Pete Burns died in October 2016 of what was reported as a "massive heart attack". He was 57. Although I wrote this article in 2014, I have edited it into the past tense.
|Androgynous: Burns in the 80's|
One of the things I like about Graham Norton is that he is fearless in tackling any subject, but he disarms his subjects into revealing things by being funny and quirky and camp. One of the funniest things I have ever seen on TV is Norton's interview with will.i.am sitting beside Miriam Margolyes. Norton just sets the two of them up, and like a master conductor, sits back and lets them strike perfect comic sparks off one another. You can see it all here on YouTube.
Norton's interview with Burns took place sometime before 2006, although I can't quite establish the exact date. Here, Norton broaches the subject of Burns' cosmetic surgery:
Norton: Have you finished?
Burns: Oh no, no.
Norton: What next?
Burns: It depends on the boredom factor. It's very difficult for people to understand something like this, but in the 80's when I became a pop star, I saw myself on the front of so many magazines, on TV all the time, and I got really bored of looking at the same face, and I am sure most people do get bored of looking at the same thing. That's why women bleach their hair, that's why women buy makeup, that's why men grow a beard, that's why they shave the beard off. I just got really bored. And when I'm bored with things, I alter them.
Norton: So there's no attempt on your part-- it's not about masculine, feminine. You're not trying to become a woman in any way.
Burns: I think if I was going to try and become a woman, I know enough about women to be a darn sight better woman than this. I could be a very good woman because I know all the trickery and everything they do to build that image. I have absolutely no intention of being-- in fact, I have an absolutely ginormous knob. I would never dream of getting rid of that. It's Venus with a penis.
And yet, his appearance was all woman: long hair, huge glossy lips, long sparkly nails, outrageous dresses and high heels. And it was this curious dichotomy which prompted me to write this blog post. At the time of the Graham Norton interview, Burns had been married to his wife, Lynne Corlett, for over 25 years, and gave every indication of being still happy; he even recommended to Norton (who is gay) that he should try marriage.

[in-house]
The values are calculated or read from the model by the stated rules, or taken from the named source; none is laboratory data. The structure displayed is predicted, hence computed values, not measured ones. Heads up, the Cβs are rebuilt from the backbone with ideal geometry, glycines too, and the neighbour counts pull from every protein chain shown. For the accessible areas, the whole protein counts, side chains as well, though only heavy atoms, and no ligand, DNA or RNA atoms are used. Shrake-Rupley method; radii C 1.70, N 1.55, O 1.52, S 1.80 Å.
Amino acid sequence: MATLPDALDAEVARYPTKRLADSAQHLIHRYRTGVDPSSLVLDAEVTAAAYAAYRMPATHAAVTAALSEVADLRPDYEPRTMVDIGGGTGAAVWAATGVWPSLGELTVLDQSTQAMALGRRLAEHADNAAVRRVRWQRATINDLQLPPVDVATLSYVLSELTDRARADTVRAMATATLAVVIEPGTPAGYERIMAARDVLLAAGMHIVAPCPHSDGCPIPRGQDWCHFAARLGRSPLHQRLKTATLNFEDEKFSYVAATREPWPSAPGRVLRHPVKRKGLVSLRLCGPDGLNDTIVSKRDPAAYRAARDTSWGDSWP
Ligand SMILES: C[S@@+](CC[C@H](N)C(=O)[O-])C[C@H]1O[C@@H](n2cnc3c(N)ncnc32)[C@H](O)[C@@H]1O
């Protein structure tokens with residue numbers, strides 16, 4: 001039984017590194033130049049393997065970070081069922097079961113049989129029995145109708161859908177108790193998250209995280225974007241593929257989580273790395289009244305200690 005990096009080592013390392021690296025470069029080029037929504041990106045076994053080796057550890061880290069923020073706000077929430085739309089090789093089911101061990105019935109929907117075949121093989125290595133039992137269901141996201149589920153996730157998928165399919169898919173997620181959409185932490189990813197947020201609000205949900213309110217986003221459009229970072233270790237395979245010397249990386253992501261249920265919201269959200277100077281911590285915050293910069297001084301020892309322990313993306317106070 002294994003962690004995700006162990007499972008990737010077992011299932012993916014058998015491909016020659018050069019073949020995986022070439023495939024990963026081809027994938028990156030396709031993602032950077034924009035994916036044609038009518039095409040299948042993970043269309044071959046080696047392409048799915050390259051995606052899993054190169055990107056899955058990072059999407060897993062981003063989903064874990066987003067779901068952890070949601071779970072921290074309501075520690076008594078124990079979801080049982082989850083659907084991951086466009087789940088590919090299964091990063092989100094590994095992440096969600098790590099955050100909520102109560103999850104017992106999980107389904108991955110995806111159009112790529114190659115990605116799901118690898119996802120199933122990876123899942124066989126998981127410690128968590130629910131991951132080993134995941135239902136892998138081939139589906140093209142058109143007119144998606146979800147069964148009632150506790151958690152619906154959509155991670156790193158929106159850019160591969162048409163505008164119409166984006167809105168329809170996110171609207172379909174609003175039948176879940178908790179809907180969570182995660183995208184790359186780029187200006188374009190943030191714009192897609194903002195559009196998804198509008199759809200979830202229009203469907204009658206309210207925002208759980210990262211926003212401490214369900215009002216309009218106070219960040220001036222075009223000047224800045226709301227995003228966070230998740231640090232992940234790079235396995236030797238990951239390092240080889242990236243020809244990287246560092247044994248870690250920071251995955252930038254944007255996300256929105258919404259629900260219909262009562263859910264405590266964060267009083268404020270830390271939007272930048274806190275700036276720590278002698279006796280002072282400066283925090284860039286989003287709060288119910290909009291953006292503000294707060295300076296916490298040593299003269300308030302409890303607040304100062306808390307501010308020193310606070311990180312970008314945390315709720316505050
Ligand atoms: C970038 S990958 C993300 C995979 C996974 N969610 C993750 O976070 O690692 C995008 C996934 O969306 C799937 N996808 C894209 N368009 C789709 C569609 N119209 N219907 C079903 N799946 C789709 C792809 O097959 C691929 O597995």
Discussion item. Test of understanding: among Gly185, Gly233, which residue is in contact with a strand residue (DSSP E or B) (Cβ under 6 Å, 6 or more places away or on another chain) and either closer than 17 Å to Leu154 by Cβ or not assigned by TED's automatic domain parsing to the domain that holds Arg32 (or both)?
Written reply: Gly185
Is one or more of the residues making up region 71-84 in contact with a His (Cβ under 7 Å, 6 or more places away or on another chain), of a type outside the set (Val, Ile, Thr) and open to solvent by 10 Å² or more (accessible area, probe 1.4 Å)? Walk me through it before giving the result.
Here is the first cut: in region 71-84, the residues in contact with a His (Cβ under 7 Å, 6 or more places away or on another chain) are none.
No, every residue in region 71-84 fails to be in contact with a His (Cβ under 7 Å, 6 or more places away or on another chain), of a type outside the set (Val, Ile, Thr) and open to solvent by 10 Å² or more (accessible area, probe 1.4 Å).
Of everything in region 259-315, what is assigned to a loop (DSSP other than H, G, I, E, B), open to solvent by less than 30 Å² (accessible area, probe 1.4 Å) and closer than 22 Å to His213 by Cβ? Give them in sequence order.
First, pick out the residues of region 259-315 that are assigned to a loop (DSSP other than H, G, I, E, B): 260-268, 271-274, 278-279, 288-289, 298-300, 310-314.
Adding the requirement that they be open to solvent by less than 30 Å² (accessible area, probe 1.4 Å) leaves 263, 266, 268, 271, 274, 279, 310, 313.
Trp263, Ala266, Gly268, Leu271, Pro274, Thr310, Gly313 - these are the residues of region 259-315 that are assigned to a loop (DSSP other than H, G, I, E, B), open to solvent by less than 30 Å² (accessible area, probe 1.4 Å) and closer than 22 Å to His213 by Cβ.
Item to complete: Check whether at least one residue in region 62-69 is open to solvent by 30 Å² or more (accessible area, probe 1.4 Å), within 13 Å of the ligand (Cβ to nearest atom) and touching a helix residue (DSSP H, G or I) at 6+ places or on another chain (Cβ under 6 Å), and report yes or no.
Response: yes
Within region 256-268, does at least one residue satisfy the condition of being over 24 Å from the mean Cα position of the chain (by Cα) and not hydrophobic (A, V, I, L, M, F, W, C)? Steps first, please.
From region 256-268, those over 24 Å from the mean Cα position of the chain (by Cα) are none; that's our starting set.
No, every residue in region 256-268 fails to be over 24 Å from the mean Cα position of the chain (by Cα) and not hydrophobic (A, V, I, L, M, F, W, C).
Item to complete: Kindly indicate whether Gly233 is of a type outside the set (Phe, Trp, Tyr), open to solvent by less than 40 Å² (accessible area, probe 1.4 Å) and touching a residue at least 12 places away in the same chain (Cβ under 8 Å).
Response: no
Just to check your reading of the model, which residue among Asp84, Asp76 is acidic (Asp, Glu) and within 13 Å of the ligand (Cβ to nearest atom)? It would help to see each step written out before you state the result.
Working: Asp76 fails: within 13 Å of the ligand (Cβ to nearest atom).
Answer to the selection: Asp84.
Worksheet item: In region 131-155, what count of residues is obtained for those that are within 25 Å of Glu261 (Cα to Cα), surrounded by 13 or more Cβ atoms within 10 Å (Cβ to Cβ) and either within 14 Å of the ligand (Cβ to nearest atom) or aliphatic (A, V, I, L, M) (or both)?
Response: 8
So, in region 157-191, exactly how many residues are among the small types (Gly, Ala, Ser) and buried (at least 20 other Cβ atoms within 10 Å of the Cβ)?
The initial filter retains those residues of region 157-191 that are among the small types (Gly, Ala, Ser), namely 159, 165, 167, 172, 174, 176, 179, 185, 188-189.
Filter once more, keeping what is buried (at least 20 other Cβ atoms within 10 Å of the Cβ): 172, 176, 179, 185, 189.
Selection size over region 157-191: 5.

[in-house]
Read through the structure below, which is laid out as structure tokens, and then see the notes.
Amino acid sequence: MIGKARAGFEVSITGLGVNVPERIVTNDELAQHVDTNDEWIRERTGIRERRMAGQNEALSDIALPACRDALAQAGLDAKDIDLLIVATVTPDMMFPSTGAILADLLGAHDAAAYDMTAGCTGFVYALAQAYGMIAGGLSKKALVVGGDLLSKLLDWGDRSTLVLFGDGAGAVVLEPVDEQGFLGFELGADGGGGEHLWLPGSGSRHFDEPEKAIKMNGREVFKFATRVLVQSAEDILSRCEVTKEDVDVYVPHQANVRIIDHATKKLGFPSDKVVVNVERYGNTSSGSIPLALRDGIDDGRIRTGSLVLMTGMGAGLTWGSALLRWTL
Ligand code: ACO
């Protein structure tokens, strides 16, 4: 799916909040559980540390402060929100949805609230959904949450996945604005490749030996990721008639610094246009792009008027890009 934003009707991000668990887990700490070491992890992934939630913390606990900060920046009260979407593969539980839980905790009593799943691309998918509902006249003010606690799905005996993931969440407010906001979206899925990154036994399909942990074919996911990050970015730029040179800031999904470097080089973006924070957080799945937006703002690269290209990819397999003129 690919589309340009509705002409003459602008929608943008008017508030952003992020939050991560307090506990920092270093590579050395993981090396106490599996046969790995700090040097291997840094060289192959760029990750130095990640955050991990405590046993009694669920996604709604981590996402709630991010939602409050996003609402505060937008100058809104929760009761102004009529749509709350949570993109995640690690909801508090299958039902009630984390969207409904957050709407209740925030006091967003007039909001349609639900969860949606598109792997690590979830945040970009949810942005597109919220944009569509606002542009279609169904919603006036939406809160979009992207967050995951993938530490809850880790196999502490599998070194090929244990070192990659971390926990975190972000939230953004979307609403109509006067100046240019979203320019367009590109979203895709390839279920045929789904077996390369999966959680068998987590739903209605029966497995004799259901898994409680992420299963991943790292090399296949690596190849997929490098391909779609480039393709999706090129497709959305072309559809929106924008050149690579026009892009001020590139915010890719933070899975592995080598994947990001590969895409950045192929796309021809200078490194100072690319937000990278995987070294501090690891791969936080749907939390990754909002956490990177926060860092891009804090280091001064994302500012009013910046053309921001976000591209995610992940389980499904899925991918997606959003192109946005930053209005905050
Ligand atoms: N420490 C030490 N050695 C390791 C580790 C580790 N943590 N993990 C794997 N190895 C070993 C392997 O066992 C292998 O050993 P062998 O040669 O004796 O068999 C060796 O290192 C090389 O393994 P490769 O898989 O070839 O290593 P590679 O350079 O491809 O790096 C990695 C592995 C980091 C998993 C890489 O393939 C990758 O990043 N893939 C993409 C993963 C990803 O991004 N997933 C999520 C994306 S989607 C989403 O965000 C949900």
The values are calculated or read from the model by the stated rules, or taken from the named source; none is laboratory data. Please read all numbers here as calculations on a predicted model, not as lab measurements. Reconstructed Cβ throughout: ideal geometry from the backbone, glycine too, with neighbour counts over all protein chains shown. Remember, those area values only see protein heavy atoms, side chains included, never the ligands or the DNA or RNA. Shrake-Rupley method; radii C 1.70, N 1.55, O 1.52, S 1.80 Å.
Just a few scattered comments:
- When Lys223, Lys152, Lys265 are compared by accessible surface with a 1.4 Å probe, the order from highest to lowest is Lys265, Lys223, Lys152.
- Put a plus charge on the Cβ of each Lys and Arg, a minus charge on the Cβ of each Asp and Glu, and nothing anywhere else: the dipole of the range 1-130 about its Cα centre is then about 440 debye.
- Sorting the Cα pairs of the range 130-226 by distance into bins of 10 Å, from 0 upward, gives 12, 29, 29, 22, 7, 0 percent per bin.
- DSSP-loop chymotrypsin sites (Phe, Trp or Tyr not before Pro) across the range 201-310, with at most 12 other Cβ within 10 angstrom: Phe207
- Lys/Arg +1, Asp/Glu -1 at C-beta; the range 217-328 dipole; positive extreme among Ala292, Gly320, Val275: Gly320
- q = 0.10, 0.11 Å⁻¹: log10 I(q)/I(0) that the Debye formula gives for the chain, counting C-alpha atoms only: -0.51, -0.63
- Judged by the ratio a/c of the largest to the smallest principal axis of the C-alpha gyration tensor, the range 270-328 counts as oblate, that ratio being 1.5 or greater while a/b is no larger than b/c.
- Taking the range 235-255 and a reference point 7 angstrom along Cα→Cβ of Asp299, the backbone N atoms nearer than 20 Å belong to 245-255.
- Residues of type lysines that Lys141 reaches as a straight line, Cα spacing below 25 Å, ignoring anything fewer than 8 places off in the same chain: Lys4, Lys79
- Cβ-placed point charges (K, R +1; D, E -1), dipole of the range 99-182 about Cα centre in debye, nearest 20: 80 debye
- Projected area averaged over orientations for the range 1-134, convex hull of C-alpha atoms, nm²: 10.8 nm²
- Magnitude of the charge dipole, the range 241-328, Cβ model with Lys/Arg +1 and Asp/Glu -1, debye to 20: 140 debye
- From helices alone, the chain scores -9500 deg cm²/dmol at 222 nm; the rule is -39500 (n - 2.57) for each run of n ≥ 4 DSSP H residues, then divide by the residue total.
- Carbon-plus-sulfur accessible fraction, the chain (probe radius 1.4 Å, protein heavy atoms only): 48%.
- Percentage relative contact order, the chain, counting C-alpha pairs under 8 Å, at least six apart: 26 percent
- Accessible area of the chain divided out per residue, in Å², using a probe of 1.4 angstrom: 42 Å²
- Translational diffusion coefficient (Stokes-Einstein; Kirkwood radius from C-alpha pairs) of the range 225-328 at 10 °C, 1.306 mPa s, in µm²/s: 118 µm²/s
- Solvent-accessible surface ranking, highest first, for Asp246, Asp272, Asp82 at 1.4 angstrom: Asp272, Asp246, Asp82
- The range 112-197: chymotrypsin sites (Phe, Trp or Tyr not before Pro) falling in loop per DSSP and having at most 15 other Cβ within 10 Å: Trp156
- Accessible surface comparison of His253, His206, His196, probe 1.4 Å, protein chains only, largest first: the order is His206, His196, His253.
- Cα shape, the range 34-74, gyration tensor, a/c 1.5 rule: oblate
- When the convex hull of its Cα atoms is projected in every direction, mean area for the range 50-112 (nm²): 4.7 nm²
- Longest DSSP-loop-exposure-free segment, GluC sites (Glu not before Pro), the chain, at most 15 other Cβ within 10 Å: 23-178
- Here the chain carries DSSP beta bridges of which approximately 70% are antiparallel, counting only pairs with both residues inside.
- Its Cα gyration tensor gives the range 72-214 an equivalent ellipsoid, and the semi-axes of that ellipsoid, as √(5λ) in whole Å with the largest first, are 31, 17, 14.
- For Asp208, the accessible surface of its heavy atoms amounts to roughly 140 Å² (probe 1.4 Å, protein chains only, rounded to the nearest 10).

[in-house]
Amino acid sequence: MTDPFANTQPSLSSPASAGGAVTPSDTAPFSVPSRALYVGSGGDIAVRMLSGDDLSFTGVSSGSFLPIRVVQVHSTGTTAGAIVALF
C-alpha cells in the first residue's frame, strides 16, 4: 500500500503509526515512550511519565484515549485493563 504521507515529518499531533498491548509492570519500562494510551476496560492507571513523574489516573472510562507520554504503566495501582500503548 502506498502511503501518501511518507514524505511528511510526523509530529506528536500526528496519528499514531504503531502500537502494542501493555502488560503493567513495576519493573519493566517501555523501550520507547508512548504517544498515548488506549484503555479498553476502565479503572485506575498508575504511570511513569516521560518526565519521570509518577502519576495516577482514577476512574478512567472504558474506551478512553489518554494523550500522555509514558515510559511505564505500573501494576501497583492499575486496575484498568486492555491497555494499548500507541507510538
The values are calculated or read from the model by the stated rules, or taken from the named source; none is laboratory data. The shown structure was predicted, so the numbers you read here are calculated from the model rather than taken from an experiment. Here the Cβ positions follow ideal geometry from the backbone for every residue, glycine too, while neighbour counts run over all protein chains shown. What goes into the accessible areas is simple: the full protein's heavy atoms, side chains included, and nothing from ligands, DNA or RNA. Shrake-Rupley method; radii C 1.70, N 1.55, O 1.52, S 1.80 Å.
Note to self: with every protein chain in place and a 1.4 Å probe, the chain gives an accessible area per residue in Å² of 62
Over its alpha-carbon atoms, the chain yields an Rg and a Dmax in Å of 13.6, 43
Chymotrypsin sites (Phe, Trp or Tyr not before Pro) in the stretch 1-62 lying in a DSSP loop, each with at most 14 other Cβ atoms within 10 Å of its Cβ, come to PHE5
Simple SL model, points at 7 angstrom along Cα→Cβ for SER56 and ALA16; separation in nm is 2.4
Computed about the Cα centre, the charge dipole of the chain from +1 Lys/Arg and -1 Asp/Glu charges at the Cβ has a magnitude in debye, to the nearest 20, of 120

Then, in 2006, Burns separated from his wife, and began a relationship with male partner Michael Simpson. In in interview with talk show hosts Richard and Judy, he announced their engagement. (Wikipedia says they underwent a civil partnership later that year, split, and later reunited. Simpson and Corlett released a joint statement after Burns' death, implying at least that he remained on good terms with both).
Judy: You had a perfectly normal heterosexual marriage for a long time, very happily in love, now you're with Michael, with whom you're very much in love--
Burns: That's, I guess, my first homosexual relationship, and we only have sex at home. So there you go. (Richard and Judy laugh) And I'm not bisexual because I don't pay for it.
Richard: So how long have you two been together now?
Burns: We've been together in former lives. I lost him a lifetime ago and I've been looking for him ever since.
Judy: That's how it came across in Big Brother, you missed him very much.
Burns: I don't care how anyone else felt in there. This is a different thing. He's a physical part of me. (...) We're just in love.
Richard: How does it make you feel if I tell you that quite a few, 100% heterosexual guys in our office of varying ages, find your physical appearance very attractive? They describe you as sexy.I found this interesting: "I'm exactly what I've always needed to be". Not wanted to be. Not felt like being. But needed to be. It's plain that Burns was driven to do this. Perhaps driven in the same way some of us are driven to express femininity? Perhaps not. But driven by what? Was he driven towards something, to become something? Or was he driven away from something? And in either case, what might that something be? I cannot possibly tell, and I wonder if even Burns was aware of it on a conscious level.
Burns: You know, the first time I've ever seen myself objectively was when I left the Big Brother house, when they showed [me] on the eviction screen, so I'd never seen myself, this is just the way it needed to be, so I don't need to look at it very often.
Richard: And what do you think? What do you think of the way you look?